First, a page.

I do not want to change the definition of the word "marriage".


I want children to hear that word and know that it stands for a special relationship designed by the creator for the betterment of mankind.


Promotion of the gay lifestyle will lead  to the collapse of the family unit.


So why do I accept civil unions?


It's kind of a libertarian philosophy.


The Declaration of Independence embraces the concept that all Americans should be permitted to engage in the pursuit of happiness.


Single sex relationships do not  lead to true happiness. It's biblical.


But you should have the right to make that decision  yourself.


I will of course never change my position on abortion because the right to exist is the very most basic.


Abortion takes that right away from our most defenseless citizens at the bloody hands of the  abortion doctor.


Our creator gave us free will.


Our society should emulate that gift when it can do so without hurting others.


My friend, I know you love your son.


And so do I.


He is one of God's children.


Hate the sin but love the sinner.


In this crazy confusing world, we sometimes must express God's love by extending freedom in areas that make us feel very uncomfortable.


Today I feel very uncomfortable.


Nonetheless, if what you need to do to follow your heart doesn't hurt anyone else outside of your relationship, I cannot endorse laws that stand in your way.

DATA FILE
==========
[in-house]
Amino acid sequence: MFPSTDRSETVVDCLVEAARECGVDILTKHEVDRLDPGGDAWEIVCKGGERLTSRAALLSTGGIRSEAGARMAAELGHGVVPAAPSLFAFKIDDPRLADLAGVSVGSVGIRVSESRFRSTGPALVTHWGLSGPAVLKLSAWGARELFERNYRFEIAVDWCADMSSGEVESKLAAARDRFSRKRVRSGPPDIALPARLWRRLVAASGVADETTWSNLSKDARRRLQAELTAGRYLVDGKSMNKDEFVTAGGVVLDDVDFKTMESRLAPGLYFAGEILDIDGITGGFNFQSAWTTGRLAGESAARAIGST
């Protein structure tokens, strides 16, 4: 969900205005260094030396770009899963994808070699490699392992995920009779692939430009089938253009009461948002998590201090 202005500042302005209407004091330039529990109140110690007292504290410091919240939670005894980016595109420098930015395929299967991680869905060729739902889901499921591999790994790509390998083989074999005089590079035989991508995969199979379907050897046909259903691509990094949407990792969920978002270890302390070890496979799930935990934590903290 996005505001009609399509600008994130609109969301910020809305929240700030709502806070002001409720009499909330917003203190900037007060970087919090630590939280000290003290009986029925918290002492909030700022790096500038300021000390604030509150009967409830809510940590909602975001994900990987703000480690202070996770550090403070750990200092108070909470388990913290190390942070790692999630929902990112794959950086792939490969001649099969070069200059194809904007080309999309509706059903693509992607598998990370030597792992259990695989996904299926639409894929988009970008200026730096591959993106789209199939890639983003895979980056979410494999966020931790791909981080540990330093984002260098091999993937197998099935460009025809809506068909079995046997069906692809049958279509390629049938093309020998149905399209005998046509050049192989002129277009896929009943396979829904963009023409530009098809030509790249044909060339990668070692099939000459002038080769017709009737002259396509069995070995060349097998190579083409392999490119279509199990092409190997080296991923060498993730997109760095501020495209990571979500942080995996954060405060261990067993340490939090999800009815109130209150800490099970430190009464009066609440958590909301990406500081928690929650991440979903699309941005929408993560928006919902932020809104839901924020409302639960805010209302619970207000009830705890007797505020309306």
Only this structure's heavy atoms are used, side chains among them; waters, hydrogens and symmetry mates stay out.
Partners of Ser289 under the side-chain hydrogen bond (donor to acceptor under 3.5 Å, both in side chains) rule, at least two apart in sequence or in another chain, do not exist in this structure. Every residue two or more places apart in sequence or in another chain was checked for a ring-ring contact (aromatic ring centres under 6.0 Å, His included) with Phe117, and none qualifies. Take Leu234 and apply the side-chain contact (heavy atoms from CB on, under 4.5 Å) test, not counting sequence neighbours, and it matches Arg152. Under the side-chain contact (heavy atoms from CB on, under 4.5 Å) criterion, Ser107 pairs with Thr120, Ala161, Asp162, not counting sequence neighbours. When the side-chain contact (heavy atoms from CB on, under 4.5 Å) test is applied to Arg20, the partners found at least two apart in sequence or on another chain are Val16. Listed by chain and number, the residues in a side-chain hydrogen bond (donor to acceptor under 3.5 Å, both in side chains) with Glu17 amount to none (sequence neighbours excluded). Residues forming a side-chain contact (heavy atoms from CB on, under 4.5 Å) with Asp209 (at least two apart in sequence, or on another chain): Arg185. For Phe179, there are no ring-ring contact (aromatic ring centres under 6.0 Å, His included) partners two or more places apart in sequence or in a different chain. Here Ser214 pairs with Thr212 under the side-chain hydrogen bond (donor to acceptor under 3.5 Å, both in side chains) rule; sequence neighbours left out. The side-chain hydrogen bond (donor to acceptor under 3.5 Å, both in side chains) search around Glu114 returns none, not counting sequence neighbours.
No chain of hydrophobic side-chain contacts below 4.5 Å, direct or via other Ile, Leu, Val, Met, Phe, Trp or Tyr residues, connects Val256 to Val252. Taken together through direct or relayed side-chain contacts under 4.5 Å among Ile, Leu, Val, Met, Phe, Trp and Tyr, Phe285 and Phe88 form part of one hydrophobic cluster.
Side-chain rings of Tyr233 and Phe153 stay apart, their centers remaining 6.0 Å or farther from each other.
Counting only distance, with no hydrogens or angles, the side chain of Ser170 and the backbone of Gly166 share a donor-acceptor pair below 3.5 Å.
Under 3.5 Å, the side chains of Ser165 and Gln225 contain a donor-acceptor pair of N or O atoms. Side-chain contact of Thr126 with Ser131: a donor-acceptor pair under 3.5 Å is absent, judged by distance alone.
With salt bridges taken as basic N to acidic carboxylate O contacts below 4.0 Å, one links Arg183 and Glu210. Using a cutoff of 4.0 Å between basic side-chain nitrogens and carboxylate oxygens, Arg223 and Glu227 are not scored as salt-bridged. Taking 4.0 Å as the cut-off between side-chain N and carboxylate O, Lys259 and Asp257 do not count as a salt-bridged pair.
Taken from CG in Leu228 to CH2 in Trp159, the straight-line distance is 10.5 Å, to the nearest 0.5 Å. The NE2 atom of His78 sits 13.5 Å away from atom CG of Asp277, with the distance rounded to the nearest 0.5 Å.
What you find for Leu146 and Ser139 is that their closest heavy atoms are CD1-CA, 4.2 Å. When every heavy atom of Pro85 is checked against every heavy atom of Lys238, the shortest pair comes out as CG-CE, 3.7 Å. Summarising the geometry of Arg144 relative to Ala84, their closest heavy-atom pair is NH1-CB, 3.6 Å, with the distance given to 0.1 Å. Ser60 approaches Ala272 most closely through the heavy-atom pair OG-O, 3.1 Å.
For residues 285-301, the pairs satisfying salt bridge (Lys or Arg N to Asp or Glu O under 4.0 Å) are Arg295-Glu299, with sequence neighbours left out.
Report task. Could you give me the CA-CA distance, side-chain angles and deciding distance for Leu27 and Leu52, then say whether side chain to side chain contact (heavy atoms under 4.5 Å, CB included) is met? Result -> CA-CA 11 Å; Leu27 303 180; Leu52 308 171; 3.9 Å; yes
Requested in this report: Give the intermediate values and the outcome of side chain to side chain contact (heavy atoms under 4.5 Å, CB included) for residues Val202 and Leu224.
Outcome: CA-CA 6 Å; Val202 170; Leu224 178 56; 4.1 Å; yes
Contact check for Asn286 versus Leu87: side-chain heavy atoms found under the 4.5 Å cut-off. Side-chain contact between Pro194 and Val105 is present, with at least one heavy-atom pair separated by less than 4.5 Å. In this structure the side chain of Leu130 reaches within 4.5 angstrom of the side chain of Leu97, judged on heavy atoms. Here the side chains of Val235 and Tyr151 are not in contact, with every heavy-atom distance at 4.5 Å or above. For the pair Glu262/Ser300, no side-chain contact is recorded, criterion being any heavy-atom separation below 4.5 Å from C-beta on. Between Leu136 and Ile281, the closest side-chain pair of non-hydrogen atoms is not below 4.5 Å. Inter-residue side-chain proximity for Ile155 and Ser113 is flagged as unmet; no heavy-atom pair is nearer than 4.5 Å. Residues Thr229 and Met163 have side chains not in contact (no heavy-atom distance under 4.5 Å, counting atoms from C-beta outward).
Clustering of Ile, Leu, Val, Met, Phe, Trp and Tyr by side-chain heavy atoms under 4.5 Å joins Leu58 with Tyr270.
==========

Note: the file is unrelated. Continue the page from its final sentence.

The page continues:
Long live the traditional definition of marriage.


And here's to the  establishment of civil union statutes.



Thursday, May 9, 2013

Courage against carnage in short supply

A familiar schoolyard scene  features a bully who can tell that some grade school hotshot is a paper tiger.


Full of hot air.


The hotshot tells the bully not to cross the line in the dirt he has just scratched  into the ground with  a stick.


The  bully steps over the line.


The hotshot responds by drawing another line.


Which the bully immediately crosses over.


The classmates watch the pitiful scene as it's apparent that the hotshot talks a good game but can't back it up.


He's actually a coward who is not prepared to fight.


The bully has won without even throwing a punch.


Hotshot slinks away.




The classmates wonder who is ever going to stand up to the bully.


Sound familiar?


Bashar al-Assad, the two bit dictator in Syria, has been shooting men, women, and children in his homeland by the thousands for the last two years.


A disgusting disregard for human life.